Gartner estimates that in 2012, worldwide PC shipments will grow 4.4% over the year. Another report cites that growth in IP traffic will lead to increased demand for data centers. Further, analysts believe that IP traffic will triple by 2015, and lead to 50% growth in data storage needs. Growing demand for computers and data centers signals a strong market for processor firms Intel and ARM, both of which saw quarterly results surpass market expectations.
Intel’s (Nasdaq:INTC) Q1 revenues fell 7% over the year to $12.9 billion, marginally ahead of the Street’s target of $12.85 billion. EPS of $0.56 was also ahead of the market’s projected earnings of $0.54 for the quarter.
By segment, the company saw its PC Client Group revenues fall 7% sequentially to $8.5 billion and Data Center Group revenues drop 10% sequentially to $2.5 billion. Other Intel architecture group revenues of $1.1 billion reported a decline of 2% sequentially.
Intel has not slowed down on acquisitions. Earlier this quarter, it announced plans to acquire interconnect assets from Cray Inc. for $140 million. Cray is a global leader in supercomputing and is known for Jaguar, its XT5-HE supercomputer, which is the third-largest supercomputer in the world. Intel announced plans to acquire assets related to Cray’s high-performance computing (HPC) interconnect program, which will help it to expand within the server market and strengthen Intel’s HPC portfolio.
Intel’s Mobile Device Expansion
As part of its mobile device focus, Intel plans to release the first Intel-based smartphone this year. The Android model will be released through the U.K. carrier, Orange. The phone, being called Orange San Diego, is expected to cost nearly half of a comparable iPhone. However, analysts believe that it may be a move that is too little, too late.
Intel is also working hard to end ARM’s dominance of the mobile computing segment. Chips with ARM cores have the orders for Apple’s fast-growing iPad and iPhone devices, while Intel supplies chips for Apple’s laptop and desktop processors. But Intel plans to change that. The company is not only developing the 32-nanometer Medfield chips, it is also ramping up factories for the 22-nanometer processor. The 22 nm processor uses 3-D Tri-Gate Transistors and enables greater performance and efficiency, especially for smartphones, tablets, and ultrabooks. It’s a chip that Intel hopes will attract Apple.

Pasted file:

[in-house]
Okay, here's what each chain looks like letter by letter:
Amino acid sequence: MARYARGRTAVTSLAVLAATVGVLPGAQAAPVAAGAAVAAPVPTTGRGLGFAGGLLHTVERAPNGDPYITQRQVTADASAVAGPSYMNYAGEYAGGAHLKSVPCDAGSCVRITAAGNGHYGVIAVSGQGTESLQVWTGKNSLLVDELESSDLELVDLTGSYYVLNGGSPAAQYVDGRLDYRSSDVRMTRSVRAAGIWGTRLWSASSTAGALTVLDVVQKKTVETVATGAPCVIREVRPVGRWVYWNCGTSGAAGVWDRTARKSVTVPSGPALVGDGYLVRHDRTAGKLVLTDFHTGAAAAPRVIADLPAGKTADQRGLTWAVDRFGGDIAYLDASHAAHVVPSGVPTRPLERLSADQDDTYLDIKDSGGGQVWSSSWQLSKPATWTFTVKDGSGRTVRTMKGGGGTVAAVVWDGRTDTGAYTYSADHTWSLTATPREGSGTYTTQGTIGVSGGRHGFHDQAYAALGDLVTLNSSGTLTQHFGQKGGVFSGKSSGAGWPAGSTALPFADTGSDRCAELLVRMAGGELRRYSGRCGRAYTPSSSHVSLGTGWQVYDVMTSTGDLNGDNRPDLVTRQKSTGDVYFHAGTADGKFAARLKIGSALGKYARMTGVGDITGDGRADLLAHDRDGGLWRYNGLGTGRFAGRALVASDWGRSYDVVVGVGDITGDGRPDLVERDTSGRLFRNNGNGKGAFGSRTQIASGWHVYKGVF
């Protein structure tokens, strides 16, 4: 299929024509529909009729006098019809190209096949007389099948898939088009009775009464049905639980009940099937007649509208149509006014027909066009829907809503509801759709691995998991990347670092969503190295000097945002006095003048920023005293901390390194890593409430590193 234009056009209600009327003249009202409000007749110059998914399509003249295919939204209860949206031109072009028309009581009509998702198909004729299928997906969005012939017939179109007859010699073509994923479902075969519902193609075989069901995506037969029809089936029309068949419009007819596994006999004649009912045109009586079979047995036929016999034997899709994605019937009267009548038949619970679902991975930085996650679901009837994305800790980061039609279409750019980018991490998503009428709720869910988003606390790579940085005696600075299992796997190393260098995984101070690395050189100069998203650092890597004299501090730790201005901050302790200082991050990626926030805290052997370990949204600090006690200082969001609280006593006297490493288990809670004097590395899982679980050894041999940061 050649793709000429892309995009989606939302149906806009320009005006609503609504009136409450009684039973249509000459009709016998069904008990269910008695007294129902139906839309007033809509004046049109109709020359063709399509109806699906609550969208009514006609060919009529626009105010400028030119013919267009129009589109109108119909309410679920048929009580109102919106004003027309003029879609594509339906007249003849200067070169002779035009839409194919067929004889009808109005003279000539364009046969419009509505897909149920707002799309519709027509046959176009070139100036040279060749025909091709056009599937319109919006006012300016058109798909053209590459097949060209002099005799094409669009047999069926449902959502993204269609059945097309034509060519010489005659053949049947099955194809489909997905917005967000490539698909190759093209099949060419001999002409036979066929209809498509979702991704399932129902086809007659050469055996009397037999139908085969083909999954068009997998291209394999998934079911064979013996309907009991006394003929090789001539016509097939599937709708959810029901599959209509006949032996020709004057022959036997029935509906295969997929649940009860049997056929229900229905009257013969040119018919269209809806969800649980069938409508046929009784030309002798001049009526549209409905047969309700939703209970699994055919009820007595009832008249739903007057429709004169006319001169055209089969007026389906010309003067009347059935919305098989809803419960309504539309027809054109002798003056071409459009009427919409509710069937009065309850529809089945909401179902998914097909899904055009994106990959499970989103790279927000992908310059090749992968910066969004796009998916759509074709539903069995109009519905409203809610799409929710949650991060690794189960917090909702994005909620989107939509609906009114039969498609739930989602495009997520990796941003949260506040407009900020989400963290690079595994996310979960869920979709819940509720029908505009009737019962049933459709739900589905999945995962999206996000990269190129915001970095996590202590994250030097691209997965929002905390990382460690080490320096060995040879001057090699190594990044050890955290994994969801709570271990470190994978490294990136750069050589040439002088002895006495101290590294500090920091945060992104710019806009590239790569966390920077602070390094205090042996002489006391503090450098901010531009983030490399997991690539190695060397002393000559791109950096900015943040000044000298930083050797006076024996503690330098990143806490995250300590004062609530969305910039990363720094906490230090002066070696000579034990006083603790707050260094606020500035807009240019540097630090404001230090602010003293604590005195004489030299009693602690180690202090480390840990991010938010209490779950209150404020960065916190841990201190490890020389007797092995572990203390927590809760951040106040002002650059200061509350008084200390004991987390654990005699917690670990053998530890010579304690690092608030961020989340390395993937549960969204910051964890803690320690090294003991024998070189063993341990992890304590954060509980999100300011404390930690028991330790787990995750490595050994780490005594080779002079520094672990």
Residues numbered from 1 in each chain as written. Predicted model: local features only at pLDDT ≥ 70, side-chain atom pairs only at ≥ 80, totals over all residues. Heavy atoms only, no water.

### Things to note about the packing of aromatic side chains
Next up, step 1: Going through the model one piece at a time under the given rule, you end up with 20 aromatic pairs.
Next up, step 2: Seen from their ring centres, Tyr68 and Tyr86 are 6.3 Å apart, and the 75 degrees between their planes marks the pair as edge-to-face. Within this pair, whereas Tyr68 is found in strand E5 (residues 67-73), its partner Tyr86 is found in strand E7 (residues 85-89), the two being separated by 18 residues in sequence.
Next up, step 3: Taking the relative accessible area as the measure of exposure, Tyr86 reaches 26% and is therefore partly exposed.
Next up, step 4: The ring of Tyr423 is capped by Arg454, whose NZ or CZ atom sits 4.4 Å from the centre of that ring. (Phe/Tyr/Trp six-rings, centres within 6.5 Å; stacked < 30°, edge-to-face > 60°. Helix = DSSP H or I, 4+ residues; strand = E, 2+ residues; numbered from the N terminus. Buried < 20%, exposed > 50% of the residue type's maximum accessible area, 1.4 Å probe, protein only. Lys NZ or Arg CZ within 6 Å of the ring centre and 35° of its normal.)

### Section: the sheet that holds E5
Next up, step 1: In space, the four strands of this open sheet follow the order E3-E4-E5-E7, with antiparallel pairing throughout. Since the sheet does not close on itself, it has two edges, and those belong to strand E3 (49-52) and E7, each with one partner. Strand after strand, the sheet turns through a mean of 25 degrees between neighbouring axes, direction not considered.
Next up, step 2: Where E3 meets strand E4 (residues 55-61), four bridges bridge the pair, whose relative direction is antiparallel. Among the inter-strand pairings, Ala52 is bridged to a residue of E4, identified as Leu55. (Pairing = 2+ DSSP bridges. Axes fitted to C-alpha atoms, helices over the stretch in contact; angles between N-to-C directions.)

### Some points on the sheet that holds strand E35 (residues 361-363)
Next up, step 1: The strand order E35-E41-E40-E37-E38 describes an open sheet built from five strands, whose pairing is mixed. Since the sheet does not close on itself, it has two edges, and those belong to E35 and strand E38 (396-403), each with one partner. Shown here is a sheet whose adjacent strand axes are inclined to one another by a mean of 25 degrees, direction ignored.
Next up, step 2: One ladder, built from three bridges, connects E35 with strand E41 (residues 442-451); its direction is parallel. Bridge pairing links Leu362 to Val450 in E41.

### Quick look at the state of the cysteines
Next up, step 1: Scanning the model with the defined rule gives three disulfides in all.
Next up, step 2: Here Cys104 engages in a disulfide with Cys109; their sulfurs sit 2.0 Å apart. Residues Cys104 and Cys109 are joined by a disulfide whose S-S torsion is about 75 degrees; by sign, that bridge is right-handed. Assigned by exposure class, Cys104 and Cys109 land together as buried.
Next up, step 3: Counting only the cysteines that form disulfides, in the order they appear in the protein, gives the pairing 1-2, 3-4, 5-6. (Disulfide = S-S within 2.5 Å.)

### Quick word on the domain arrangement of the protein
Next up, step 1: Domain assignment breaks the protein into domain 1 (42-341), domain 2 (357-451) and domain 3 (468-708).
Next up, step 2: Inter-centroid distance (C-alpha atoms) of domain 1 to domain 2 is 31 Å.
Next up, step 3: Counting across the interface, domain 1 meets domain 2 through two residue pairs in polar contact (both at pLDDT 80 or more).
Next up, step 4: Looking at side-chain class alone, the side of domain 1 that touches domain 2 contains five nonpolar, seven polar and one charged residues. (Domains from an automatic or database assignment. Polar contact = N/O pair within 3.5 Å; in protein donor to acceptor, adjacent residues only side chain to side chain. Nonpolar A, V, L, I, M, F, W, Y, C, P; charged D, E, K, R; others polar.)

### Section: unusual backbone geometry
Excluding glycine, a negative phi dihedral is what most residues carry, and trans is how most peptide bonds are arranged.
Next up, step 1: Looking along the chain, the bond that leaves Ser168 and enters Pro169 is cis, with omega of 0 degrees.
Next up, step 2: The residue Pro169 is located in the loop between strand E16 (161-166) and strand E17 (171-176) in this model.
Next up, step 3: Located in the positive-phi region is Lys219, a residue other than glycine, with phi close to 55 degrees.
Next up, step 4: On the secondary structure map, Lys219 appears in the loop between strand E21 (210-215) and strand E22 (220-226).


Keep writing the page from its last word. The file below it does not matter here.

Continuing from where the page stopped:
Intel’s Foray into TV
Meanwhile, Intel’s plans to enter the TV service market are facing tough battles. The company’s Internet-based offering will let a user watch TV networks through Intel’s set-top box. Intel has been in negotiations with content providers in an attempt to get unbundled rate cards to be able to offer fewer channels instead of forcing consumers to buy entire lists of channels. However, these attempts have not yet gotten results as content providers are not interested in “breaking their programming bundles.”
The market is looking forward to Intel’s TV, which the company claims, comes with facial recognition features that would help improve the quality of data about viewers and let marketers launch more targeted ads on these networks. Intel plans to launch its TV service during the year, provided it is able to get the required content.
Intel’s stock is trading at $26.98 with market capitalization of $135.74 billion. It touched an eight-year high of $29.27 in May 2012.
The increasing popularity of Apple’s “i” devices has surely boosted U.K.-based ARM’s (Nasdaq:ARMH) revenues. Q1 revenues increased 14% over the year to $211.9 million and were ahead of the Street’s projected $206.4 million. EPS of $0.16 was also ahead of the market’s targeted earnings of $0.15 per share.
ARM vs. Intel
As Intel tries to take away ARM’s market share, not surprisingly, ARM is also trying to eat into Intel’s share. Recently, the company sharpened its focus on providing security for online mobile payments in a move to counter Intel’s DeepSAFE technology. Earlier this quarter, it entered into a partnership with Gemalto and Giesecke & Devrient, both of which develop security tools for payment technologies. The three will work together to create technical standards for a secure environment within the chip where sensitive data will be stored, processed, and protected.
ARM will also be able to compete with Intel on the desktop front as Microsoft readies its special version of its operating system, Windows RT. The new OS is expected to be able to support ARM-based processors.
ARM’s stock is trading at $22.692 with market capitalization of $10.51 billion. It touched a 52-week high of $31.55 in November 2011.